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Who said: “Genius is two percent inspiration, ninety-eight percent perspiration.”
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Home > Category Index for Science Quotations > Category Index S > Category: Straight

Straight Quotes (15 quotes)

A historical fact is rather like the flamingo that Alice in Wonderland tried to use as a croquet mallet. As soon as she got its neck nicely straightened out and was ready to hit the ball, it would turn and look at her with a puzzled expression, and any biographer knows that what is called a “fact” has a way of doing the same.
From 'Getting at the Truth', The Saturday Review (19 Sep 1953), 36, No. 38, 11. Excerpted in Meta Riley Emberger and Marian Ross Hall, Scientific Writing (1955), 399.
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A mathematician thinks that two points are enough to define a straight line, while a physicist wants more data.
Anonymous
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A small cabin stands in the Glacier Peak Wilderness, about a hundred yards off a trail that crosses the Cascade Range. In midsummer, the cabin looked strange in the forest. It was only twelve feet square, but it rose fully two stories and then had a high and steeply peaked roof. From the ridge of the roof, moreover, a ten-foot pole stuck straight up. Tied to the top of the pole was a shovel. To hikers shedding their backpacks at the door of the cabin on a cold summer evening—as the five of us did—it was somewhat unnerving to look up and think of people walking around in snow perhaps thirty-five feet above, hunting for that shovel, then digging their way down to the threshold. [1971]
Encounters with the Archdruid
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Can science ever be immune from experiments conceived out of prejudices and stereotypes, conscious or not? (Which is not to suggest that it cannot in discrete areas identify and locate verifiable phenomena in nature.) I await the study that says lesbians have a region of the hypothalamus that resembles straight men and I would not be surprised if, at this very moment, some scientist somewhere is studying brains of deceased Asians to see if they have an enlarged ‘math region’ of the brain.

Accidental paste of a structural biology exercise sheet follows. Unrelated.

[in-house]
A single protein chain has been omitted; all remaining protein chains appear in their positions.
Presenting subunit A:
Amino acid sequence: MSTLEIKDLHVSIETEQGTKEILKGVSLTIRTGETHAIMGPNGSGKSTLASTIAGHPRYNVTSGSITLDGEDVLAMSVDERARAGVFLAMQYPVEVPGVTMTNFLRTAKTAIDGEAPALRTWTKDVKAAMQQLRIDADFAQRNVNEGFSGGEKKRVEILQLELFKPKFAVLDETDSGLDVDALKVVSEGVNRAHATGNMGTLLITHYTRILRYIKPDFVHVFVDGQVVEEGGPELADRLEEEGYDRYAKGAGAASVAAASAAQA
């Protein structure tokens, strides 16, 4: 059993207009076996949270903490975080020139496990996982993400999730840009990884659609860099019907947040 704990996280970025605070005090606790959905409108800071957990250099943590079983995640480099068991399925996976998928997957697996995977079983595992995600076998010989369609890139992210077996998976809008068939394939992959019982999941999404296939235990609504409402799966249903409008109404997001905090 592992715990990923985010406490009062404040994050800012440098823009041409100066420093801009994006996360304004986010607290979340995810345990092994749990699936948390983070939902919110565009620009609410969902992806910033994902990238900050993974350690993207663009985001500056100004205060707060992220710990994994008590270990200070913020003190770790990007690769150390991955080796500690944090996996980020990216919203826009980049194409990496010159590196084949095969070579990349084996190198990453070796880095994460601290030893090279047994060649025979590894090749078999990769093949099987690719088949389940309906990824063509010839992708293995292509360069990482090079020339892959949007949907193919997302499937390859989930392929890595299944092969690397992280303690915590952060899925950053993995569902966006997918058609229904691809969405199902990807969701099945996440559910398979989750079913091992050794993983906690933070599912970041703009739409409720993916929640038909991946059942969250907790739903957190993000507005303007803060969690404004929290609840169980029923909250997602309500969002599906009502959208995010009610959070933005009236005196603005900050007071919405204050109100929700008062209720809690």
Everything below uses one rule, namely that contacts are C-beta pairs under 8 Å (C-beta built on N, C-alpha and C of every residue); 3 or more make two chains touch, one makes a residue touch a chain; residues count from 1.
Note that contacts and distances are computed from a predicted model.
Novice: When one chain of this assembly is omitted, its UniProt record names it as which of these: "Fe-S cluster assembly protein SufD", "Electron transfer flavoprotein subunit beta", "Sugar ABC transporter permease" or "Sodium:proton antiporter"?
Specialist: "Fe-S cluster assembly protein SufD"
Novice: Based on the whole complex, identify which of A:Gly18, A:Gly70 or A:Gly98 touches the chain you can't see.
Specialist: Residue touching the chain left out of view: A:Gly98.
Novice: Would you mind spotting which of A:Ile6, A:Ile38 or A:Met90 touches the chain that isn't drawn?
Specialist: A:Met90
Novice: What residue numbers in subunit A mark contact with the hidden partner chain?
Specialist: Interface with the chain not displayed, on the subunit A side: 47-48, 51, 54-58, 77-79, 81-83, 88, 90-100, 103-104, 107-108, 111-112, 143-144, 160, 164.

Kay Diaz
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Careful and correct use of language is a powerful aid to straight thinking, for putting into words precisely what we mean necessitates getting our own minds quite clear on what we mean.
In The Art of Scientific Investigation (1950,1957), 91.
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Every cent we earn from Crocodile Hunter goes straight back into conservation. Every single cent.
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Improvement makes straight road, but the crooked roads without improvement are roads of genius.
In 'Proverbs', The Poems: With Specimens of the Prose Writings of William Blake (1885), 281.
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Mathematics … certainly would never have come into existence if mankind had known from the beginning that in all nature there is no perfectly straight line, no true circle, no standard of measurement.
From 'Of the First and Last Things', All Too Human: A Book For Free Spirits (1878, 1908), Part 1, section 11, 31. As quoted in The Puzzle Instinct : The Meaning of Puzzles in Human Life‎ (2004) by Marcel Danesi, p. 71 from Human All-Too-Human
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Nature, the parent of all things, designed the human backbone to be like a keel or foundation. It is because we have a backbone that we can walk upright and stand erect. But this was not the only purpose for which Nature provided it; here, as elsewhere, she displayed great skill in turning the construction of a single member to a variety of different uses.
It Provides a Path for the Spinal Marrow, Yet is Flexible.
Firstly, she bored a hole through the posterior region of the bodies of all the vertebrae, thus fashioning a suitable pathway for the spinal marrow which would descend through them.